Nucleobase containing synthetic polymers : advancing biomimicry via controlled synthesis and self-assembly
McHale, Ronan and O’Reilly, Rachel K.. (2012) Nucleobase containing synthetic polymers : advancing biomimicry via controlled synthesis and self-assembly. Macromolecules, Vol.45 (No.19). pp. 7665-7675. ISSN 0024-9297Full text not available from this repository.
Official URL: http://dx.doi.org/10.1021/ma300895u
The hydrogen-bonding recognition interactions of nucleobases are a fundamental property of nucleic acid chemistry and associated transcription, translation, and replication functions. Nucleobase interactions are central in protein biosynthesis, yielding sequence- and stereospecific macromolecules capable of assembly into precisely defined, complex shapes and morphologies that make up the machinery of life. As the understanding of nucleobases and their significance developed in the past century, chemists have inevitably sought to extend their function from a biological setting onto wholly synthetic platforms. Recent advances point to a burgeoning area of study which may soon bear fruit in some of the holy grails of polymer synthesis, namely sequence (and stereo) control, single chain manipulation, and controlled polymer folding. This Perspective seeks to summarize recent developments in the area of nucleobase containing polymers (including nucleobase mimics), with particular emphasis on controlled polymerization, self-assembly, and templating polymerization.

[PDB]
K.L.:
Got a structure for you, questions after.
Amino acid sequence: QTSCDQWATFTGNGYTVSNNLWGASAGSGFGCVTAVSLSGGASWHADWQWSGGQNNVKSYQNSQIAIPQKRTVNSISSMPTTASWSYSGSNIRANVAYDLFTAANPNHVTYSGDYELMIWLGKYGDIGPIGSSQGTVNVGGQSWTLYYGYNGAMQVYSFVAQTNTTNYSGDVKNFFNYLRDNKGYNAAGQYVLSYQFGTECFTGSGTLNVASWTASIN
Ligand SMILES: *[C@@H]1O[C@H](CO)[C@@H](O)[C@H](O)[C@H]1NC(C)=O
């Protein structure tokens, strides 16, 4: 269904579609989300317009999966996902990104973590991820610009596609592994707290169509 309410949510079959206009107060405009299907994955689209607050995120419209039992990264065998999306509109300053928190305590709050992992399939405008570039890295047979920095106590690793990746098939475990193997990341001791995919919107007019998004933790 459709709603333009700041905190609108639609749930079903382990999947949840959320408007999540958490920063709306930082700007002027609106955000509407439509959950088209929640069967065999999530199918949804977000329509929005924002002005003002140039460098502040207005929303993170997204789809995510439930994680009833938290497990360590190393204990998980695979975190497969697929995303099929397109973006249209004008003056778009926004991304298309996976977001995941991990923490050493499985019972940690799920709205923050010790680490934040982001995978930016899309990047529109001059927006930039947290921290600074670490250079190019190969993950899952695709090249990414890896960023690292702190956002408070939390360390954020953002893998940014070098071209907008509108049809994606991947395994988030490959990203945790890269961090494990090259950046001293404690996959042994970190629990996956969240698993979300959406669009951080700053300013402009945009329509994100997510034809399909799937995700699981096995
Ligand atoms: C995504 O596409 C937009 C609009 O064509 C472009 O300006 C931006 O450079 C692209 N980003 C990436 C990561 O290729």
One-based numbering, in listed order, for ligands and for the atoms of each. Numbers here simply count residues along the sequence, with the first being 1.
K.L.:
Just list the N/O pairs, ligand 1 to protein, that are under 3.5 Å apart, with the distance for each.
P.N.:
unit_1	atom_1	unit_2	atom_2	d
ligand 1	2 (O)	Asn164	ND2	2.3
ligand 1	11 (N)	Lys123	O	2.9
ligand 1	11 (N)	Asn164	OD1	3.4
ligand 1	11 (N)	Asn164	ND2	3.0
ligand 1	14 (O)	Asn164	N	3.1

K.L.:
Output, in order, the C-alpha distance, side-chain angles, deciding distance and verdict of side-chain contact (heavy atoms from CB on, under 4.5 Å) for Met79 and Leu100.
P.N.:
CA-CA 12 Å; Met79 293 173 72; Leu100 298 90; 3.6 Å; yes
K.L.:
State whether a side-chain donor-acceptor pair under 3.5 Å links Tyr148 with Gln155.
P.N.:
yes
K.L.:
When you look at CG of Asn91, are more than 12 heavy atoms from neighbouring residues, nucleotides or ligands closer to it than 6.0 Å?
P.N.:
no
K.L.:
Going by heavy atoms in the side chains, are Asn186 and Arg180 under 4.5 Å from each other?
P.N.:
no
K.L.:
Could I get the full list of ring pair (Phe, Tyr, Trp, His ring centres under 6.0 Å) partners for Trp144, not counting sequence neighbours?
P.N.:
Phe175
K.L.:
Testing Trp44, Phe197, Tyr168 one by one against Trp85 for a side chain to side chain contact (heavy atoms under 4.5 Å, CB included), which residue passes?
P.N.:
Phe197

|Item Type:||Journal Article|
|Divisions:||Faculty of Science > Chemistry|
|Journal or Publication Title:||Macromolecules|
|Publisher:||American Chemical Society|
|Page Range:||pp. 7665-7675|
|Access rights to Published version:||Restricted or Subscription Access|
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